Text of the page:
Warm summertime weather and long walks might leave you asking yourself lately, “Why is my dog panting?”
Dogs don’t sweat the way we humans do, and instead of cooling down through evaporating sweat, your four-legged friend pants instead. You’ll find dog panting is normal if you live in a particularly warm climate, or if Rover exerted himself during play or exercise. But if you’ve noticed your pup panting more than usual, they could be trying to tell you something. With the hottest days of summer upon us, it’s a great time to also ask yourself: “Is it a healthy panting, or is my pup way too hot?”
How hot is too hot?
Most dogs are intolerant of too much heat, and are very susceptible to heat stress, or even heat stroke. Since they can’t use verbal cues to let you know when they need your help (“I’m boiling, here!”), it’s important to be aware of the signs that your pup is too hot.
If your furry pal has transitioned from a warm to cool environment more than ten minutes ago and is still excessively panting, it could be a sign that they are suffering from heat stress. Check in with yourself — if you’ve mentally noted, “Wow, why is my dog panting so much?” then their panting could be considered excessive.
Panting isn’t the only tell-tale sign your pet is suffering. In the warmer weather, pay special attention if your pet has dry gums that become pale or bright red, or is experiencing increased salivation, diarrhea, vomiting, erratic or rapid pulse, or seems to be suffering from weakness or confusion. These are all accompanying signs of heat stress in your pet, and should be treated immediately.
In order to avoid these symptoms, be conscious of the dangers that your pet can face in the summertime. Here are a few things to watch out for and avoid.
Many dogs love riding in cars, but every year countless dogs suffer and even die because their guardians make the mistake of leaving them in a hot car “just for a minute”. Even with the windows cracked, a car in 78-degree temperatures (which sounds mild) can soar to 100 degrees in just a few minutes. On a 90-degree day, it can take less than 10 minutes for the internal temperature of your car to reach as high as 109 degrees.
Your dog can suffer irreparable brain damage, heat stroke, and even death in just 15 minutes in an overheated car. It happens fast! If you’re going somewhere where your pet won’t be accompanying you, it’s safer and smarter to leave your furry friend at home.
Those cute doggy shoes serve a purpose: they can be extremely beneficial when trying to protect your animal from excessive heat! The pads of your pooch’s feet can be very sensitive. When the air temperature is 86 degrees, asphalt can reach a sizzling 135 degrees. This kind of heat can easily burn your dog’s feet when walking, or you pup’s skin when he or she is laying on hot concrete. Equipping your pet with proper gear can help avoid burns and overheating.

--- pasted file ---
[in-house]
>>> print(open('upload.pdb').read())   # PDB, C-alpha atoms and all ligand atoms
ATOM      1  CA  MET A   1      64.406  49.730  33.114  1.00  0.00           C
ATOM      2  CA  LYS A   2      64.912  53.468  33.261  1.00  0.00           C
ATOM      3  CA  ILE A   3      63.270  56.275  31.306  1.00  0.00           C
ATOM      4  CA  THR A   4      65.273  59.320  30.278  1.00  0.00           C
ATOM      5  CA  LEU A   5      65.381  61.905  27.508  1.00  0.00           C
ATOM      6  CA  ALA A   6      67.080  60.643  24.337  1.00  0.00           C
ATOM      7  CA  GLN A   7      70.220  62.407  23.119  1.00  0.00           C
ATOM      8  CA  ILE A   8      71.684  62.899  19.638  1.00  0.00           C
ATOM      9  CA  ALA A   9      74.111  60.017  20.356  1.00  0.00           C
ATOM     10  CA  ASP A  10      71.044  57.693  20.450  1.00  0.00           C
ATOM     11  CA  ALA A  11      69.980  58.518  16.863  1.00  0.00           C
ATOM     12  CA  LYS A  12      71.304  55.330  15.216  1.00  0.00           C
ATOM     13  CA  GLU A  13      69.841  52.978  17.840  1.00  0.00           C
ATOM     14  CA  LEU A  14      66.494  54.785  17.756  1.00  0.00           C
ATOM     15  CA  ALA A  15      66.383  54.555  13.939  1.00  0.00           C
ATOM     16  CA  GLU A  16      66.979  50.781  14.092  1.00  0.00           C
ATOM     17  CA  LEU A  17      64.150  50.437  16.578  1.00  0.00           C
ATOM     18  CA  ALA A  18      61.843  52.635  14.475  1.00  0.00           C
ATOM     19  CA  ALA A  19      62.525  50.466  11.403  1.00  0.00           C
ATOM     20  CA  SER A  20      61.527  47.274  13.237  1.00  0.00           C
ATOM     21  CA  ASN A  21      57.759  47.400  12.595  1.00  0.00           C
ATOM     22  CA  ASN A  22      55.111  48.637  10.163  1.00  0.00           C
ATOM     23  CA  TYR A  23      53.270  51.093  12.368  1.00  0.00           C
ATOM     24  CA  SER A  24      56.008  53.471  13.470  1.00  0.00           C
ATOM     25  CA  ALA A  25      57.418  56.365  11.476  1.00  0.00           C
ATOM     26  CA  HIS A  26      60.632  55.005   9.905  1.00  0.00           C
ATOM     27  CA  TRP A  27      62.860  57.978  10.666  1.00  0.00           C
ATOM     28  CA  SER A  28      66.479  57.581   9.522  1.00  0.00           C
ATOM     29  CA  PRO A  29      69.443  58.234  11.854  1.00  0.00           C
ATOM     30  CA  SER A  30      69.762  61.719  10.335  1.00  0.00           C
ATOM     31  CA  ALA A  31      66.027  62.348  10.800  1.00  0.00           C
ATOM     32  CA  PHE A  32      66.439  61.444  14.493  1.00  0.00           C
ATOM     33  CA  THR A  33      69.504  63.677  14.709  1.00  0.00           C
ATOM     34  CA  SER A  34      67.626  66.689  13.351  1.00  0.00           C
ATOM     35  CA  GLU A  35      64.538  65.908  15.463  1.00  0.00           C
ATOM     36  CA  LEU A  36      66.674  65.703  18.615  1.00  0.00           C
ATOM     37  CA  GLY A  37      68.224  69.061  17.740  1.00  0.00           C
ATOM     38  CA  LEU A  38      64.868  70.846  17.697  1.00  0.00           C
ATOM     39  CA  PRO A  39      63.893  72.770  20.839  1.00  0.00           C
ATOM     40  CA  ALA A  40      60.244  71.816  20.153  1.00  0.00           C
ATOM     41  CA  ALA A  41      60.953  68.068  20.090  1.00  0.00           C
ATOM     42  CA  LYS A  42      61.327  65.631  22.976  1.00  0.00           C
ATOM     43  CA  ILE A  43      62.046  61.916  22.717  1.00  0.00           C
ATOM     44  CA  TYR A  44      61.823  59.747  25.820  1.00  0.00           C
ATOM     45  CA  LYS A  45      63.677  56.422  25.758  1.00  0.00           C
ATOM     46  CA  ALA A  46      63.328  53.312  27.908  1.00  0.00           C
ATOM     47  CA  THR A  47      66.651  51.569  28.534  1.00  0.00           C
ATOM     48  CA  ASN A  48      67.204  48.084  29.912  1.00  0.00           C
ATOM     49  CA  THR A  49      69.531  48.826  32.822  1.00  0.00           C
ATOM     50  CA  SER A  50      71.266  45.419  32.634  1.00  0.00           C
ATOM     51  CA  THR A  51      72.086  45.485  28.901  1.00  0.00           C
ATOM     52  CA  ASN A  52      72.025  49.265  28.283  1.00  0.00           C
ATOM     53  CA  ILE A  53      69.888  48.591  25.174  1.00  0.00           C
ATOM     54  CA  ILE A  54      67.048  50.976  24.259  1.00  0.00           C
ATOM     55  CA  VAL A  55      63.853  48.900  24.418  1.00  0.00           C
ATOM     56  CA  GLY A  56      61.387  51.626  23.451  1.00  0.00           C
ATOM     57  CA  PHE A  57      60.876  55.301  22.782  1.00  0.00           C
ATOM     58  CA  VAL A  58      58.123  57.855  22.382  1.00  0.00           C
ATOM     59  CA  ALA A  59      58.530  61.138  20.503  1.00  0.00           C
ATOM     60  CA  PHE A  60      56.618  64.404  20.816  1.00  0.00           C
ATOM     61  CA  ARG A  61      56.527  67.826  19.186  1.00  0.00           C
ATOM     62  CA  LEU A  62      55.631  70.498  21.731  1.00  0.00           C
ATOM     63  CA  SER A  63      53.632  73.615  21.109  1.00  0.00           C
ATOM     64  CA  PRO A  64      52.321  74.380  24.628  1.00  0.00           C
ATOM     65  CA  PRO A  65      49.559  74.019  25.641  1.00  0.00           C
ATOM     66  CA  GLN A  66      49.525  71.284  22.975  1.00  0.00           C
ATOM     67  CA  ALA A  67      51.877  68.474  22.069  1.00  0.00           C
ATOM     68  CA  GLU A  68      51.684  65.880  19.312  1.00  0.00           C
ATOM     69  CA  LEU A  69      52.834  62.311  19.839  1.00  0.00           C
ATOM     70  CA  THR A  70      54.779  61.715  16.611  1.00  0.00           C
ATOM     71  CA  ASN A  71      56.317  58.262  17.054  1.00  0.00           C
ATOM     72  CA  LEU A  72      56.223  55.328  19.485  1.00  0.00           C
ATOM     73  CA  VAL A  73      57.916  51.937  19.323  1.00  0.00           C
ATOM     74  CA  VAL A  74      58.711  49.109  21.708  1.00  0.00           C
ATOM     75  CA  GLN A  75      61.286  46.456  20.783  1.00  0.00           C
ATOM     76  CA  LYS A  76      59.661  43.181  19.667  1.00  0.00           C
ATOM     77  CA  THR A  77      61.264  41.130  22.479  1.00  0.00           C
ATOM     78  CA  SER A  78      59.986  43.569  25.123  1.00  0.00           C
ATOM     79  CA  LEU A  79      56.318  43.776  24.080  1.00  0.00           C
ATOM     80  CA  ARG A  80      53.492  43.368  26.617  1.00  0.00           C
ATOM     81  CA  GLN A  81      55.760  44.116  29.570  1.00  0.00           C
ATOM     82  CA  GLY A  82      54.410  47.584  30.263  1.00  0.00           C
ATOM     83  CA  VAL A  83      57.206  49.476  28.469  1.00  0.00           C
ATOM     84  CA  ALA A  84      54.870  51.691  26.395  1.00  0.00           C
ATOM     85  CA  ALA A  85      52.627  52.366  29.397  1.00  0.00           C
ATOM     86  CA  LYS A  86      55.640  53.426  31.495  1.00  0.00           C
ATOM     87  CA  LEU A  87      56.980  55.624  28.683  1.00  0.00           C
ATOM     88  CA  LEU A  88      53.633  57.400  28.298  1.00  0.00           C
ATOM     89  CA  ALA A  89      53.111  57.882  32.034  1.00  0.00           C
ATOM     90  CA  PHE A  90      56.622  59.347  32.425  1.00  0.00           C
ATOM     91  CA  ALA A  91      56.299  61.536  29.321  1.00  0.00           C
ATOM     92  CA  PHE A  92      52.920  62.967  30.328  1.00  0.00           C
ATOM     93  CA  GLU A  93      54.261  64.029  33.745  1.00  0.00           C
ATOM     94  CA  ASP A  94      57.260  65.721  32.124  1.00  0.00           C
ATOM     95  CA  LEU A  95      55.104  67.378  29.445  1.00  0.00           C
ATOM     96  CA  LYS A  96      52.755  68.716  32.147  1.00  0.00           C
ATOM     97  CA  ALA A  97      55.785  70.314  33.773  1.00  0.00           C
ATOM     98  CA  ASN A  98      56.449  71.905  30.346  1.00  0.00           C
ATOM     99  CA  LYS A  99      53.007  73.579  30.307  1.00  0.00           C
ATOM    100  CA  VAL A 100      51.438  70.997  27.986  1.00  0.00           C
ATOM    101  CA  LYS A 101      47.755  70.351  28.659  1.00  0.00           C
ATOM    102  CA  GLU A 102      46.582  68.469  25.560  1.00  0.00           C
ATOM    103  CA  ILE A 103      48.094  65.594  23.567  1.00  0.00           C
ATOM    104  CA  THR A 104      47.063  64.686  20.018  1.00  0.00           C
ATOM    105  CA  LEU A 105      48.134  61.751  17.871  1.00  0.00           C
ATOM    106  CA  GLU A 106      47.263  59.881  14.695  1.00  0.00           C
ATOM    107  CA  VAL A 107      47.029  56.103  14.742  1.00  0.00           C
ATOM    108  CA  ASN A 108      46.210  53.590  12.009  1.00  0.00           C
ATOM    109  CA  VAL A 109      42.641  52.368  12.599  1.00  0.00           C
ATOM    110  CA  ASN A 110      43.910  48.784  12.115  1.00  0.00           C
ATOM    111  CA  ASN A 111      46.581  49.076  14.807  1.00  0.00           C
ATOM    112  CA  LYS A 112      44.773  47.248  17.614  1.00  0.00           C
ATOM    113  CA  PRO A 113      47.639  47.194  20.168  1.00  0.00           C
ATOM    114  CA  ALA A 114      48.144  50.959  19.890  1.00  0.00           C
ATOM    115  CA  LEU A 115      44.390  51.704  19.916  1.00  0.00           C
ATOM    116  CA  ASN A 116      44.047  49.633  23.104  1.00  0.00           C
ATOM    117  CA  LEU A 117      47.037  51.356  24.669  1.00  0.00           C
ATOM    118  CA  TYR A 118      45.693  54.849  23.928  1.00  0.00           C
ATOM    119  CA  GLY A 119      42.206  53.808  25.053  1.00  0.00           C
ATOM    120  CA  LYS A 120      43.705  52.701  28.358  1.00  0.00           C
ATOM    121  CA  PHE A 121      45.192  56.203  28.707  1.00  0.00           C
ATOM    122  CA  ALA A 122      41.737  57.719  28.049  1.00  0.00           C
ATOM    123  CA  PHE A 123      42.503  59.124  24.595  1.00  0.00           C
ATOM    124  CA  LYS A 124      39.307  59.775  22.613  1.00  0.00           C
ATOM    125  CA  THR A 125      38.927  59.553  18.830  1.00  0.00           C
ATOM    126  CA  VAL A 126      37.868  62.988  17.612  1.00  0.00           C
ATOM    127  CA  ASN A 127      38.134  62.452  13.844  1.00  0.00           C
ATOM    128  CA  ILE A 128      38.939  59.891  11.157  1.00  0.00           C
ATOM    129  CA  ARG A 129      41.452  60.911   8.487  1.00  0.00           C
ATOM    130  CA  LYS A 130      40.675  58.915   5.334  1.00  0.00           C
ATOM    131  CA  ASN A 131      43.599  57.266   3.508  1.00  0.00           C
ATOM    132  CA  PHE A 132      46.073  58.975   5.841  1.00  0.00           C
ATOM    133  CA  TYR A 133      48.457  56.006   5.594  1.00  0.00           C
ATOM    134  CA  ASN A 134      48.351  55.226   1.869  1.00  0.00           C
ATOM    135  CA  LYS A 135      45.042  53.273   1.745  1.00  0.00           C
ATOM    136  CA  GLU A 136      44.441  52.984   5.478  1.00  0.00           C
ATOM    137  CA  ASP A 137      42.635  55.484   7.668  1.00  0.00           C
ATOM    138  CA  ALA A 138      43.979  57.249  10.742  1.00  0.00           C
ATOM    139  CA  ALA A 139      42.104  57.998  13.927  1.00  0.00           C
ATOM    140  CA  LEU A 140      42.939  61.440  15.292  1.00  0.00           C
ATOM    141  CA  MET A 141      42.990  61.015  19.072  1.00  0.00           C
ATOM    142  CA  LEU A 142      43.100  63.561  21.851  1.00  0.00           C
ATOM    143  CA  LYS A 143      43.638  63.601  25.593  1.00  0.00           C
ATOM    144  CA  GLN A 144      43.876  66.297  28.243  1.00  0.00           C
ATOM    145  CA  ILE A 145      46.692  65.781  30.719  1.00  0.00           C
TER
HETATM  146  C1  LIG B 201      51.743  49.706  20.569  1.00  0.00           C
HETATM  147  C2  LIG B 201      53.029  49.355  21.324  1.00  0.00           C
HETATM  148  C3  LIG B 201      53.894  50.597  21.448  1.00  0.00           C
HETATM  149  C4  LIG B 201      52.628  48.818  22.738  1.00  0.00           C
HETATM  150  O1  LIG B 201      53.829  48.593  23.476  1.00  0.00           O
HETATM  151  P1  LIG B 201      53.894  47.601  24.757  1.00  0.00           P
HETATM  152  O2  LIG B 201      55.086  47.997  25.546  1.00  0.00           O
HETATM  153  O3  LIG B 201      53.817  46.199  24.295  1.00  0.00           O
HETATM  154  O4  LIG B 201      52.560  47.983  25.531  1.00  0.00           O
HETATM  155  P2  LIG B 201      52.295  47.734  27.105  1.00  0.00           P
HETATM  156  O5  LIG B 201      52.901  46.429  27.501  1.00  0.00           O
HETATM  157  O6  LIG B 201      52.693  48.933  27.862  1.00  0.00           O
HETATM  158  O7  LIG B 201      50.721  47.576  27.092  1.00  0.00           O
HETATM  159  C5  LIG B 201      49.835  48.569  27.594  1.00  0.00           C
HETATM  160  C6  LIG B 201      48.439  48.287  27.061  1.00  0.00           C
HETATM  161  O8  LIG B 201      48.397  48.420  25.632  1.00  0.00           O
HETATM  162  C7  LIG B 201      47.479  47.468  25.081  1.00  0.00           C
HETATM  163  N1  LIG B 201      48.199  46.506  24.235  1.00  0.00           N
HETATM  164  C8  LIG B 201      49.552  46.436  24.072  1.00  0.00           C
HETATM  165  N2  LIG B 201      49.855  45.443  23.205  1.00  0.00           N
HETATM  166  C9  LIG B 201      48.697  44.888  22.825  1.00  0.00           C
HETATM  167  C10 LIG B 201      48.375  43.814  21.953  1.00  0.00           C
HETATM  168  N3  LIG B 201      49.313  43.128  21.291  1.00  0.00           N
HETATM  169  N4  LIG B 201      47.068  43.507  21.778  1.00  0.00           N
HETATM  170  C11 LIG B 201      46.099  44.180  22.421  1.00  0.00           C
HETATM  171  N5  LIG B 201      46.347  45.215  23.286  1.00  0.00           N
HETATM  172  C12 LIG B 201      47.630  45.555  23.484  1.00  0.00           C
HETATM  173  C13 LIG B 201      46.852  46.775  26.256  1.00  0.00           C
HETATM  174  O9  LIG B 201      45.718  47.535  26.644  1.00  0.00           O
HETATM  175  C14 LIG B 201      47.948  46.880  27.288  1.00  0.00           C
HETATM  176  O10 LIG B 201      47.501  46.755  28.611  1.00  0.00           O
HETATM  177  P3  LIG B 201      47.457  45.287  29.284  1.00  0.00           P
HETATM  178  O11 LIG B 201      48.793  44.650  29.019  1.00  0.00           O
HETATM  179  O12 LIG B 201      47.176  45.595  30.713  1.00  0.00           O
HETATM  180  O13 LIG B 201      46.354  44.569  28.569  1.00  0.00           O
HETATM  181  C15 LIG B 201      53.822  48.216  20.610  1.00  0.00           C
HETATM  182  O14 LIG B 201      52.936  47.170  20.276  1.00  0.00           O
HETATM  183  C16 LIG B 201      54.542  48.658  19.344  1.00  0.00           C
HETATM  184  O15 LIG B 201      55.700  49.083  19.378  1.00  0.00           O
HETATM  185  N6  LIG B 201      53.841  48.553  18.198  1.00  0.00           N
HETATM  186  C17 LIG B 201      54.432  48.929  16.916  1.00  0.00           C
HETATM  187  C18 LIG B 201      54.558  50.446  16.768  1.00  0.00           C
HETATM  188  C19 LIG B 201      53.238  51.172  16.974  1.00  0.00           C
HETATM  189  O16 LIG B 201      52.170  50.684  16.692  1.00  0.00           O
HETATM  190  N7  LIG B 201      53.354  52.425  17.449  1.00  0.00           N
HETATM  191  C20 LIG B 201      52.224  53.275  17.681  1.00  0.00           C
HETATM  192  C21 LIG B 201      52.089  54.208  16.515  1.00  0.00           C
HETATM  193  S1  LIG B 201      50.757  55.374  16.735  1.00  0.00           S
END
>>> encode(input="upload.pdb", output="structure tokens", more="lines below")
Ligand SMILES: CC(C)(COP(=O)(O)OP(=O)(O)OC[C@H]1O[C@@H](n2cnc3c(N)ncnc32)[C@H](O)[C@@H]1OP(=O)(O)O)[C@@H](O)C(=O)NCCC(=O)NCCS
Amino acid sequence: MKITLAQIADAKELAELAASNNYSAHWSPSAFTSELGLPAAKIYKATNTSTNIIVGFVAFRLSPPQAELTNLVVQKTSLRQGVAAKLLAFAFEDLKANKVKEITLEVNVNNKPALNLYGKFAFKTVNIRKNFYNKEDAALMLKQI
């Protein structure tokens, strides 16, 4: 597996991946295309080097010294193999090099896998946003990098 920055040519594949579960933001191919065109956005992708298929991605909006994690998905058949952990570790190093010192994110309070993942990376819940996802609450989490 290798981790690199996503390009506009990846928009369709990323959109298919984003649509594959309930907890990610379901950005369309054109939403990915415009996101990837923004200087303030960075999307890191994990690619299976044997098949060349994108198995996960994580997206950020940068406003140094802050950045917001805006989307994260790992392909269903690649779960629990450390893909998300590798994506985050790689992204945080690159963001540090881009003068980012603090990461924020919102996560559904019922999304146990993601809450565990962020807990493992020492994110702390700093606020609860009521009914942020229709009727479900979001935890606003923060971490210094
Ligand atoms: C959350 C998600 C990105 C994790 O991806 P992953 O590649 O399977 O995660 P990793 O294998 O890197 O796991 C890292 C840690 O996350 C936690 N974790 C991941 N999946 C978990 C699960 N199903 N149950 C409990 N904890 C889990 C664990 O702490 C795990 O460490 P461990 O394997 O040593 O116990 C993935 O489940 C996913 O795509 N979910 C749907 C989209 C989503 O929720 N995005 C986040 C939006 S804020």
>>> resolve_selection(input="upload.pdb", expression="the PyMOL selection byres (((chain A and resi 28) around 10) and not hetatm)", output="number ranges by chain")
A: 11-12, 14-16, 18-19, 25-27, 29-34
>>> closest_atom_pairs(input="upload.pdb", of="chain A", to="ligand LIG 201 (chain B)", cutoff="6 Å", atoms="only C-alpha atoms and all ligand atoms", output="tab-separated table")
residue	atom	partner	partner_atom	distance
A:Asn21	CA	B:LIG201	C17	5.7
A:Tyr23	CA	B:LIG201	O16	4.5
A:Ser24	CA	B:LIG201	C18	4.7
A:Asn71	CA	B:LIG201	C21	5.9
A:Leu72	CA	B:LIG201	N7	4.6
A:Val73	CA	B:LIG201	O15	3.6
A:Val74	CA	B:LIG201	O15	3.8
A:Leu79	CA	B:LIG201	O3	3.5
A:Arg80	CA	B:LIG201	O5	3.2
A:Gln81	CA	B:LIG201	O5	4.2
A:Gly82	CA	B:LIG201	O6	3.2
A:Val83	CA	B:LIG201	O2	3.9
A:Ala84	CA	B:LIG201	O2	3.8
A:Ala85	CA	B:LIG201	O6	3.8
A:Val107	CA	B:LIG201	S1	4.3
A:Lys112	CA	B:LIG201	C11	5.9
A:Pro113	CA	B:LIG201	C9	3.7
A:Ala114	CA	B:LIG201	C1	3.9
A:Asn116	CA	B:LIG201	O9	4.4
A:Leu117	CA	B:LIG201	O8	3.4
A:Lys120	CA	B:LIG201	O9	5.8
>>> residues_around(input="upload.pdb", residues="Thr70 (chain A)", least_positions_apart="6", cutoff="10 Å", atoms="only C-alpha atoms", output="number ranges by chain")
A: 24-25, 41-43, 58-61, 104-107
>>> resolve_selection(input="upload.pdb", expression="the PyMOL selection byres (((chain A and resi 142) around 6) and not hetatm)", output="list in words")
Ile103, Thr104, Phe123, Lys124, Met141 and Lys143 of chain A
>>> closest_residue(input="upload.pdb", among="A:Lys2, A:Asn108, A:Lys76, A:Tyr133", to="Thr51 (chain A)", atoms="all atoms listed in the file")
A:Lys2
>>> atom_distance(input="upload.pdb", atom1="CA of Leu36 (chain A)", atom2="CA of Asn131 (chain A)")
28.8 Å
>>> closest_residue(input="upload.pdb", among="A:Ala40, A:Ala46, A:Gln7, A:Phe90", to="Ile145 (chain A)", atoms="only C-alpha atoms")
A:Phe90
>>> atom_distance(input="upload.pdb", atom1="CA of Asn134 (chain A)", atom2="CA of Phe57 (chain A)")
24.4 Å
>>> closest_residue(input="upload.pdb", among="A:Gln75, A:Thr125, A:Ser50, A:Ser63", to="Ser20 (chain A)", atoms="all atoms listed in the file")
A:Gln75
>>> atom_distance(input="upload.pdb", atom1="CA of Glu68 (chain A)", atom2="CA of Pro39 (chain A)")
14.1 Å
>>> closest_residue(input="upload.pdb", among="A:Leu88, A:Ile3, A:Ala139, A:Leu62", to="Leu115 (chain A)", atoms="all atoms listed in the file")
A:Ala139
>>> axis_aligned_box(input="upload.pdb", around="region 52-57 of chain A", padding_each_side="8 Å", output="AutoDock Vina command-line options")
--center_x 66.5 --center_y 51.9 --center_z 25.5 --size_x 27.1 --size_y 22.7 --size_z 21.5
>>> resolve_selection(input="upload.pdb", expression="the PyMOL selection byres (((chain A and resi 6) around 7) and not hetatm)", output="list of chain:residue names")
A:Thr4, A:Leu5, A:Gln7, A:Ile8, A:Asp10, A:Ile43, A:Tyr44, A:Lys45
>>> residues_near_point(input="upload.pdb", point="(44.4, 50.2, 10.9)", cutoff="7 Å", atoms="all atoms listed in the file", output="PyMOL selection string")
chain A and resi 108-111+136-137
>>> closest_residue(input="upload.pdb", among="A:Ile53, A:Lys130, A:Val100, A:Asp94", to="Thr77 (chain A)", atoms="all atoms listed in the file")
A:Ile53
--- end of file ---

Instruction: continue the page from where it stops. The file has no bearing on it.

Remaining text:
Believe it or not, your pet can get sunburns, too — especially those with light colored coats, or shorter hair. Sunburns for dogs are the same as they are for people: they can cause pain, sensitivity, and lead to more serious skin conditions like psoriasis and even cancer. If you’re planning to spend the day outdoors, make sure to apply pet-sunscreen to the least hair-covered spots, like the ears, belly, and nose.
Top Tips For Keeping Your Dog Cool in the Summertime
1. Just Add Water
Most dogs enjoy playing in the water, so if you have access to a dog-friendly water park, lake, river, or even a hose in your backyard, these can be great activities for you and your pup that will help him or her cool down while having fun!
On an excessively hot day, you can try reducing your dog’s temperature by putting wet towels over their neck, under their armpits, and between their hind legs. You can also wet down their ear flaps and paw pads with a cool, damp towel.
2. Always Provide Plenty to Drink
Even if you’re out-and-about on an adventure, never forget to pack extra water and a bowl for your furry friend. The amount of water your pup needs will depend mostly on his or her size, but a good rule of thumb is for your dog to drink one ounce of water per pound of body weight each day.
3. Avoid The Heat Of The Day
Be mindful about when you’re going out. If you have a dog that loves a lot of exercise, do all you can to avoid the hottest parts of the day. Early mornings and late evenings are going to be your best bet for going on a walk with your pup.
4. Have Access To Shade
If you’re planning to be outdoors, always make sure your dog will have access to shade. For activities like beach trips, it’s a great idea to bring a portable sunshade, umbrella or canopy, especially if you know you’ll be out for extended periods of time.
5. Doggie Diet
Dogs that are overweight have a much higher risk of overheating. If your dog is on the plumper side, it can be another good reason to get them down to a healthier weight before they spend a lot of time in the heat. Keep in mind that dog weight loss should happen slowly (around 1% of their body weight a week), and should always be discussed with a veterinarian before you proceed.
6. Brush, Brush, Brush
When the weather gets hot, you might be tempted to help your dog cool down by shaving his or her coat. But this can actually do more harm than good. Not only do dogs’ coats insulate them and keep them warm in winter, but they can also help a dog stay insulated against excessive heat, and avoid sunburn.
However, brushing out your canine’s coat can be a great way to get rid of some of their warm undercoat they are shedding from the winter. And Rover will love how it feels!
The next time you’re asking yourself “Why is my dog panting?” review these summertime dangers and tips, make sure you’re helping your furry friend stay safer, healthier, and happier during the dog days of summer!